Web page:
NEWBERRY — The grieving process for everyone takes different forms and after the tragic elementary school shooting in Newtown, Conn. certainly causes people to react in different ways.
The shooting took 26 lives - 20 children and six adults - and many people may be wondering why and how.
Whether in Newtown, Conn. or Newberry, there are resources available for talking with children as well as adults about such a tragedy like a school shooting.
The School District of Newberry County works with the Sheriff’s Department to ensure safety of those behind the school’s walls and practices lock down drills once a month.
They also have school resource officers at the middle and high schools.
On another note, licensed social worker Christie Whitaker from Newberry offers some tips on dealing with a tragedy that results in deaths such as a school shooting.
Whitaker does mention that the Connecticut shooting is a very in-depth subject and her points just brush the tips offered.
“We all feel the emotional impact from the loss of precious lives. This event cuts to the very core of our being because so many children were victims. As parents and as teachers - those other parents - we try to formulate answers to the questions that may come our way,” said Whitaker.
“We are all concerned for the well being of our children and question what impact this incident, as well as others, will have on them. What do you say to children who are grieving or experience tragic events? Wouldn’t it be wonderful if there were a simple, easy answer? Unfortunately I have not found one but may I suggest a few key points that may help with supporting our children,” she adds.
Honesty is always an important point to remember in discussing death with children, she begins.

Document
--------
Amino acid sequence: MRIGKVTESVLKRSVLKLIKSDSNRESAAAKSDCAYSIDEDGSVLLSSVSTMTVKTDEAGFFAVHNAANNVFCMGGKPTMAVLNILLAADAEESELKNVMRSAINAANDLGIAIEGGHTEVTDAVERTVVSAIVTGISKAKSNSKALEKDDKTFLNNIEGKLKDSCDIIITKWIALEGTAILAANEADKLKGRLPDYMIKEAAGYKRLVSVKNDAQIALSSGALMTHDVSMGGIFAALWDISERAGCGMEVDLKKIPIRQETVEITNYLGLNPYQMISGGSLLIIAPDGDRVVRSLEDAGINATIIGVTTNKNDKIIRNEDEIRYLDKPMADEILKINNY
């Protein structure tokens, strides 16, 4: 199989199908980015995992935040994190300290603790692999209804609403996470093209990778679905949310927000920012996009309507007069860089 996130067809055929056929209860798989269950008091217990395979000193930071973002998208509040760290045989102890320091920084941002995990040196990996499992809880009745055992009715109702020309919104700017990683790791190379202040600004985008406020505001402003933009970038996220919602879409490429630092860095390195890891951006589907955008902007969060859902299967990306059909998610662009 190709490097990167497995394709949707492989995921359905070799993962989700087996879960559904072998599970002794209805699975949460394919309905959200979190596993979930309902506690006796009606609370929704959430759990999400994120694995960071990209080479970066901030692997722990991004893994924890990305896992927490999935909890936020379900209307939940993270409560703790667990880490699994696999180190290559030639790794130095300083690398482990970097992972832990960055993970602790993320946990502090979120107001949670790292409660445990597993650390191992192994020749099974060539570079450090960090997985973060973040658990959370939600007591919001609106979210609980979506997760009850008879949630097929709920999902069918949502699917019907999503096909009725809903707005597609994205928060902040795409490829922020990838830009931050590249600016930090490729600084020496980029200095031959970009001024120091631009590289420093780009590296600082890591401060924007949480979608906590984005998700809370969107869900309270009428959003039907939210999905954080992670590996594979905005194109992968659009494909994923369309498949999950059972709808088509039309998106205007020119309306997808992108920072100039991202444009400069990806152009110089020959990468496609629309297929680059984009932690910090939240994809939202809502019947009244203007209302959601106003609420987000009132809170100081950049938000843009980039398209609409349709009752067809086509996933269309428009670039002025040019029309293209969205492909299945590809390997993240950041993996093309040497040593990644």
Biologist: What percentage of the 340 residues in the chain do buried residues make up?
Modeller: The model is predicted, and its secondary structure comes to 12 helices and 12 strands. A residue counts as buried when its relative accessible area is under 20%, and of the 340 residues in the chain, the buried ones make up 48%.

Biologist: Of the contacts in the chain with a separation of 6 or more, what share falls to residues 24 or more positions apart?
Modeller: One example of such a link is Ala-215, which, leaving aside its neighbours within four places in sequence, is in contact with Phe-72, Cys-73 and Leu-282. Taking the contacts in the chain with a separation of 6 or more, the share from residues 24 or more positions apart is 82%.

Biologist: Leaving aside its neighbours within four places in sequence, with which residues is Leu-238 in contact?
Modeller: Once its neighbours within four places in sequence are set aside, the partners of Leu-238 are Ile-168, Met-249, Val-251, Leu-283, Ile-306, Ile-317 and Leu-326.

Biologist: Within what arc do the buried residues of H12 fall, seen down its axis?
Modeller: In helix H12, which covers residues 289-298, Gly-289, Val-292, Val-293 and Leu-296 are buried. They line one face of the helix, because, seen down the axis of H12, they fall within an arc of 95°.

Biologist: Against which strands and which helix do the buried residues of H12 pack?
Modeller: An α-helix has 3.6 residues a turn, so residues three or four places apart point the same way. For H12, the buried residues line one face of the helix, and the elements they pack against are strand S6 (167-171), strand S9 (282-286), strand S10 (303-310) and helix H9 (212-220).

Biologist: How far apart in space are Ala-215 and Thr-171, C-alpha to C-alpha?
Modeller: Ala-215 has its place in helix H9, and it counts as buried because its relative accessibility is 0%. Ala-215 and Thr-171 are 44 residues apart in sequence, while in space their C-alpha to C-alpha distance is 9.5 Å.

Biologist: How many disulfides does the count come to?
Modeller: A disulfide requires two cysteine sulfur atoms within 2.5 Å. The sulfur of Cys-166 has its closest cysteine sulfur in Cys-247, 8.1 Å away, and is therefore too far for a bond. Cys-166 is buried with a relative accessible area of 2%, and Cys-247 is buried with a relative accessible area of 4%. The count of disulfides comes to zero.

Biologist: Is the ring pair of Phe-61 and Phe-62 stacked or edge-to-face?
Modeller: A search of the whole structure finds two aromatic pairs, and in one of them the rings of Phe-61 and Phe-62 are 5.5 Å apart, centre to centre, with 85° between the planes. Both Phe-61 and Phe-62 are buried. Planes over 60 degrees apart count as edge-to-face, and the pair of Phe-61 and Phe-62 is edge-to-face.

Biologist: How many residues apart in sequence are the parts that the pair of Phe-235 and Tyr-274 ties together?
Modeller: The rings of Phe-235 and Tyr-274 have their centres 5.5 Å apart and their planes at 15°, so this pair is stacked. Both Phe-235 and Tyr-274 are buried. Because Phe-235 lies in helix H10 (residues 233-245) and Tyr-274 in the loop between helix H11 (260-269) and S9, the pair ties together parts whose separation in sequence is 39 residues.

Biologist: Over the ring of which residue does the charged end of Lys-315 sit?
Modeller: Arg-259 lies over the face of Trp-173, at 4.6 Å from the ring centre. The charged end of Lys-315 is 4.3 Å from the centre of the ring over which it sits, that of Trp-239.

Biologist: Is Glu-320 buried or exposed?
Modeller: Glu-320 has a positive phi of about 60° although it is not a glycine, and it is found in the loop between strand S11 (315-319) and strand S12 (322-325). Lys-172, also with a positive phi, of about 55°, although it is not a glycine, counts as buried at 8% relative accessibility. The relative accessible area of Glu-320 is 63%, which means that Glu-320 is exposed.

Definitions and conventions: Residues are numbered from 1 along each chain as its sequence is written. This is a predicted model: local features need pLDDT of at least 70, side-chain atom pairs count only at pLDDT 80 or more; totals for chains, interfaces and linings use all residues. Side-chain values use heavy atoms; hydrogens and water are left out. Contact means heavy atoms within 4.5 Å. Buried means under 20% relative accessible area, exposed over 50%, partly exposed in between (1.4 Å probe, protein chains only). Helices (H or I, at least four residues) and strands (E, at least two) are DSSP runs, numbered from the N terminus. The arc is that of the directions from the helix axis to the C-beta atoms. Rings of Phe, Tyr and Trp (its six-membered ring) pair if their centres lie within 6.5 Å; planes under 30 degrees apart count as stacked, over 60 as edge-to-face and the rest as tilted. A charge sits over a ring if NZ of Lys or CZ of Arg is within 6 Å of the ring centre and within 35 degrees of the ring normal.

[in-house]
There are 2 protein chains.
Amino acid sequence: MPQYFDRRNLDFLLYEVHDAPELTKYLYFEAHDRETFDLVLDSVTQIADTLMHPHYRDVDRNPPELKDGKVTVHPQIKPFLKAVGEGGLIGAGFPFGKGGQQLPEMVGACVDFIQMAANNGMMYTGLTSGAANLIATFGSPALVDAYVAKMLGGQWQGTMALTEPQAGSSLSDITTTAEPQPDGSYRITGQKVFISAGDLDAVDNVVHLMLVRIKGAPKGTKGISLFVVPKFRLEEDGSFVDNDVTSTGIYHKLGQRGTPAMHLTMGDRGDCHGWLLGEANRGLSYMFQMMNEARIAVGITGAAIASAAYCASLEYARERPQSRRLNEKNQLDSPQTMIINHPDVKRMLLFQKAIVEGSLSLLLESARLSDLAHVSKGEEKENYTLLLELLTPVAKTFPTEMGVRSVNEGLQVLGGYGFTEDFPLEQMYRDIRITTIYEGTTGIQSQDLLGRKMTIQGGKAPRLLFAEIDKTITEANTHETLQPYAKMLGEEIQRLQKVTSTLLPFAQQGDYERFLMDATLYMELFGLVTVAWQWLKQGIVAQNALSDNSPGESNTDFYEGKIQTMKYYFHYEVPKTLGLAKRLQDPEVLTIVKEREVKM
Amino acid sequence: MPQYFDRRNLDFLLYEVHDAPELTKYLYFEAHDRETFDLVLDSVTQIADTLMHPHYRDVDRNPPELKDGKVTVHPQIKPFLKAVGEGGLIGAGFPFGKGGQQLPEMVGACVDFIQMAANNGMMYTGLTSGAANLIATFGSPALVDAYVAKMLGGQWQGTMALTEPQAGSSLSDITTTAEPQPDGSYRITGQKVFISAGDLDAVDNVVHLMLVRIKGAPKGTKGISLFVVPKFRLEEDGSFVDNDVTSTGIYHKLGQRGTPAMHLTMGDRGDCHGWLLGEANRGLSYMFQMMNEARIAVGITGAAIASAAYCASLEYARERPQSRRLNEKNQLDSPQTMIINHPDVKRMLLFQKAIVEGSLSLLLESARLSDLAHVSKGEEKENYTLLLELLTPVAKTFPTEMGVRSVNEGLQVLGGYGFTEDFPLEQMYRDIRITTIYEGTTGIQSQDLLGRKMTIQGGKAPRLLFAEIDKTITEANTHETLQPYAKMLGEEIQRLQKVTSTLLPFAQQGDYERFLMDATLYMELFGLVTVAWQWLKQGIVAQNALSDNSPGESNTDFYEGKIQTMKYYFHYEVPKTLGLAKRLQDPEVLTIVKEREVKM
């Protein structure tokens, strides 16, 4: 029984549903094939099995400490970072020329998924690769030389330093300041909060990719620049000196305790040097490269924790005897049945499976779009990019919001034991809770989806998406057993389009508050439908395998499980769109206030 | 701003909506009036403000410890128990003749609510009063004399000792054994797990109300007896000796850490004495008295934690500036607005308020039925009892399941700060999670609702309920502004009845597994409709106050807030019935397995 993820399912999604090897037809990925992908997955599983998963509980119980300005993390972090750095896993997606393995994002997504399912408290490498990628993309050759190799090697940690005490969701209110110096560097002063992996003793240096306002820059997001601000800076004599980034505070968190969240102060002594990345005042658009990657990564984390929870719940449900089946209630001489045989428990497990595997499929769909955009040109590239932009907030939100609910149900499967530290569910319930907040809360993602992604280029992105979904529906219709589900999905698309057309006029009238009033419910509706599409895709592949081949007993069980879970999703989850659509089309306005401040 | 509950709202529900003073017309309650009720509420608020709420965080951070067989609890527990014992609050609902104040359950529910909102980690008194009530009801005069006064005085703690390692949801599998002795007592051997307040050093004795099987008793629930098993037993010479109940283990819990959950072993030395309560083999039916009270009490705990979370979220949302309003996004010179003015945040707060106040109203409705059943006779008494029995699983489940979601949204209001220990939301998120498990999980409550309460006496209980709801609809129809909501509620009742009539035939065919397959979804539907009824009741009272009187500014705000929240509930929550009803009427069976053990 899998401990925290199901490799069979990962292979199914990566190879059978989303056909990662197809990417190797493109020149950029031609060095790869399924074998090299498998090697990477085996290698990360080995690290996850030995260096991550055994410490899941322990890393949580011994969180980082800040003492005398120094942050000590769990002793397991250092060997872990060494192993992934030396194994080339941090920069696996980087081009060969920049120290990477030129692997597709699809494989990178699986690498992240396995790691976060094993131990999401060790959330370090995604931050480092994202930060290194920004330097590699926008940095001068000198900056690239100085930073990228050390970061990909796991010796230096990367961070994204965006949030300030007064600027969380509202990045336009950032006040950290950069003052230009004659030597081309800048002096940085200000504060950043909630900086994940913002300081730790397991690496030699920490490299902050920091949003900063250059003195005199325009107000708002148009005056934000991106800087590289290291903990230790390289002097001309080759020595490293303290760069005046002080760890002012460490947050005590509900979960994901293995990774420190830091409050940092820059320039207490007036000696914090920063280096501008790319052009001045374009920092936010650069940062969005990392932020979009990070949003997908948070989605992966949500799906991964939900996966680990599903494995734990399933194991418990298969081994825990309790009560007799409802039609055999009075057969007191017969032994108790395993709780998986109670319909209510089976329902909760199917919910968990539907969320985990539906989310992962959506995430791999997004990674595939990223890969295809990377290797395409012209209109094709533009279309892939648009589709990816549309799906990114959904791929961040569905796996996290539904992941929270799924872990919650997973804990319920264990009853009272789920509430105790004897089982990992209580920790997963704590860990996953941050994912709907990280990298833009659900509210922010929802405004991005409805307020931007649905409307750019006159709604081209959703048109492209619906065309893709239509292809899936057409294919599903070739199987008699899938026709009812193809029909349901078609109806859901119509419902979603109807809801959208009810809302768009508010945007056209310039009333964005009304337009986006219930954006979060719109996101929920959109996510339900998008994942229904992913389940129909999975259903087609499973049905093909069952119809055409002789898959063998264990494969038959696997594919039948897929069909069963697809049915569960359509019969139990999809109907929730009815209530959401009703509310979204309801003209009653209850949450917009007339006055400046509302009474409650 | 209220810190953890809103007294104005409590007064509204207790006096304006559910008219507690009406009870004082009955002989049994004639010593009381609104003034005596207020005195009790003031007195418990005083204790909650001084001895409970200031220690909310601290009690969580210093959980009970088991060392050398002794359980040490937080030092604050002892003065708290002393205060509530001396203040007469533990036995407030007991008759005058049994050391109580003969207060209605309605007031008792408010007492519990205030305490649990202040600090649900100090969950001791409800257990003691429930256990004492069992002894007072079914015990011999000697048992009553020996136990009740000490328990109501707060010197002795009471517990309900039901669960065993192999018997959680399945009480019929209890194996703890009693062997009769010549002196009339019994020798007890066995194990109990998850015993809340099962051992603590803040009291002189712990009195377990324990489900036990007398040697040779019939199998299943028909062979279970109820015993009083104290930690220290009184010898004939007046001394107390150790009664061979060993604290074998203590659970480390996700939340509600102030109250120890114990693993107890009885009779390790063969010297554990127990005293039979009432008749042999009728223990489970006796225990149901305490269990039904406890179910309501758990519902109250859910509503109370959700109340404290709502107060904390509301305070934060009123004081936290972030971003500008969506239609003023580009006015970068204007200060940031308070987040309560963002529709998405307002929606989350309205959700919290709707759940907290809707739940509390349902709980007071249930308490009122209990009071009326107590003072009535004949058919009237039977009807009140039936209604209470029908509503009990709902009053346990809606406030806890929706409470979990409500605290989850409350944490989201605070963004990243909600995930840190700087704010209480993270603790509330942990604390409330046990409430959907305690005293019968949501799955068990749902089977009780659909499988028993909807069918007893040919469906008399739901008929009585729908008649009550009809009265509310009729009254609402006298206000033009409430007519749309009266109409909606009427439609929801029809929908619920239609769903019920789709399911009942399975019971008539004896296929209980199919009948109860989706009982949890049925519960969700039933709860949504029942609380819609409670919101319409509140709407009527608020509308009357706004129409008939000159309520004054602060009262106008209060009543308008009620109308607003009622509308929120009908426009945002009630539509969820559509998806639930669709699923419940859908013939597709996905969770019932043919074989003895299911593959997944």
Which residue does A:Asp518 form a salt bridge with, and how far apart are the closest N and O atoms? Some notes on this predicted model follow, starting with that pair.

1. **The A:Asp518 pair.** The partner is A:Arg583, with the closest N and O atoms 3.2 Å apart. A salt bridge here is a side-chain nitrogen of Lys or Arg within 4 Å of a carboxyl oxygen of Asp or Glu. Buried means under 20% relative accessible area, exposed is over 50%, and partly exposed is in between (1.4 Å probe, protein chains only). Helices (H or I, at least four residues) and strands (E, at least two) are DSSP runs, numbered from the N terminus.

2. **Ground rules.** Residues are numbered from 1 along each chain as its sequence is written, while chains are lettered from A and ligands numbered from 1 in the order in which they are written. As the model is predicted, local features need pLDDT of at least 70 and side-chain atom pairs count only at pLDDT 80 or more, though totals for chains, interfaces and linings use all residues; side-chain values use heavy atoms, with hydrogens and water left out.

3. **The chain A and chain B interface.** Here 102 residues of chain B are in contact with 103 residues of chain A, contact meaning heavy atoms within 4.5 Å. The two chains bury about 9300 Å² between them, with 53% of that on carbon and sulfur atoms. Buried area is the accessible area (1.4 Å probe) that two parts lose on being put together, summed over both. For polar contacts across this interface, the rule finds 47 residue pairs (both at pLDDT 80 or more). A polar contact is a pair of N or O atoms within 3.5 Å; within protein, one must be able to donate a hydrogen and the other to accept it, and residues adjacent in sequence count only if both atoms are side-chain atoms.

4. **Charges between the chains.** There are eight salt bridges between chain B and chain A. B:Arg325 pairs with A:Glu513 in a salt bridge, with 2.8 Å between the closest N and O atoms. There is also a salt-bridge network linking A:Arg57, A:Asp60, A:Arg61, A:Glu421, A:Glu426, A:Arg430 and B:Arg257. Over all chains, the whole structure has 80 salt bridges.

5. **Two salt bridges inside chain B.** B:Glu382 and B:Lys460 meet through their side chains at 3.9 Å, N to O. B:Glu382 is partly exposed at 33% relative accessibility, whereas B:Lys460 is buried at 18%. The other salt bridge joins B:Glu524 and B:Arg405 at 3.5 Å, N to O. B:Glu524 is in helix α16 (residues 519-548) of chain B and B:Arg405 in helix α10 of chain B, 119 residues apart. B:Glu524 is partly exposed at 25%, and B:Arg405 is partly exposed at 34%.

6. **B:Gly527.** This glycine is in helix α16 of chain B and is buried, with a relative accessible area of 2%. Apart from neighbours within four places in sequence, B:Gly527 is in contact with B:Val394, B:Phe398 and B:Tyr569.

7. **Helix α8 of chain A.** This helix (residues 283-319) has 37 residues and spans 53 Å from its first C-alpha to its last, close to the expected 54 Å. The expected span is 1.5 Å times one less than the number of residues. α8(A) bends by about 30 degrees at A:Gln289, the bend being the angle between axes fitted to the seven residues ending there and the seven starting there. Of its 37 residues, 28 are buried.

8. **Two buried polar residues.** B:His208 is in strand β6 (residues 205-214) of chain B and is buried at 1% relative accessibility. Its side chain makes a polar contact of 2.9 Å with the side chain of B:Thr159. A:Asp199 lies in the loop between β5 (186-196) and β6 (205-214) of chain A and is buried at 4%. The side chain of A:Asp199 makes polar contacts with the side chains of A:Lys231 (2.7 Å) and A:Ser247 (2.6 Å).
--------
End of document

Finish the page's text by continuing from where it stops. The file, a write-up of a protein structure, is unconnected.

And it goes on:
Other points Whitaker mentions are:
• Do not get into answering with the many cliches that we hear so often, cliches such as “God needed another angel or they are sleeping.”
“These are not the answer and often lead to more confusion for children as they process the events in their own mind. Be supportive and reassuring to children. That will do more to help them through the tough times,” said Whitaker.
• Children can teach you more if you just listen. The child’s perspective may be a challenge, but it’s important to ask and then listen.
“Get at their understanding of what they think happened by asking things like ‘What did you hear? What do you think?’” They may be afraid or they may just be curious,” said Whitaker.
• If children are scared, ask what their fear is. Children’s logic is different and it’s important to correct any misconceptions and offer assurance, she point out.
• Do not make the children feel as if their feelings are wrong.
“Never make anyone, especially a child, feel bad about being scared,” said Whitaker.
• Be creative with having interactive discussions with children. Help a child form thoughts rather than leaving them to their imaginations, Whitaker points out.
“Children are resilient but they as well as adults do need care, love, empathy, understanding, gentleness and presence through the tough times of life,” said Whitaker.
Whitaker also offers some resources for parents or guardians to help them deal with the grieving process:
Dr. Earl Grollman and Fred Rogers are among a couple of authors who have written books and/or brochures that will help, Whitaker points out.
She also recommends a book, “How to Say It to your Child When Bad Things Happen” by Dr. Paul Coleman. This offers tips to find out the best ways to talk to kids about disturbing images and events.
There is also a website parents or guardians may visit: Tips for Talking With and Helping Children and Youth Cope After a Disaster or Traumatic Event at www.store.samhsa.gov/shin/content//SMA12-4732/SMA12-4732.pdf.
Other resources are also available through the National Parent-Teacher Association organization which may be found at the website, www.pta.org/schoolviolence.
They have parent guides dealing with the aftermath of a shooting and violence prevention.
On a local level, people may also visit the Newberry Behavioral Health Services or Westview Behavioral Health Services with questions and concerns regarding issues along grieving or other mental health assistance.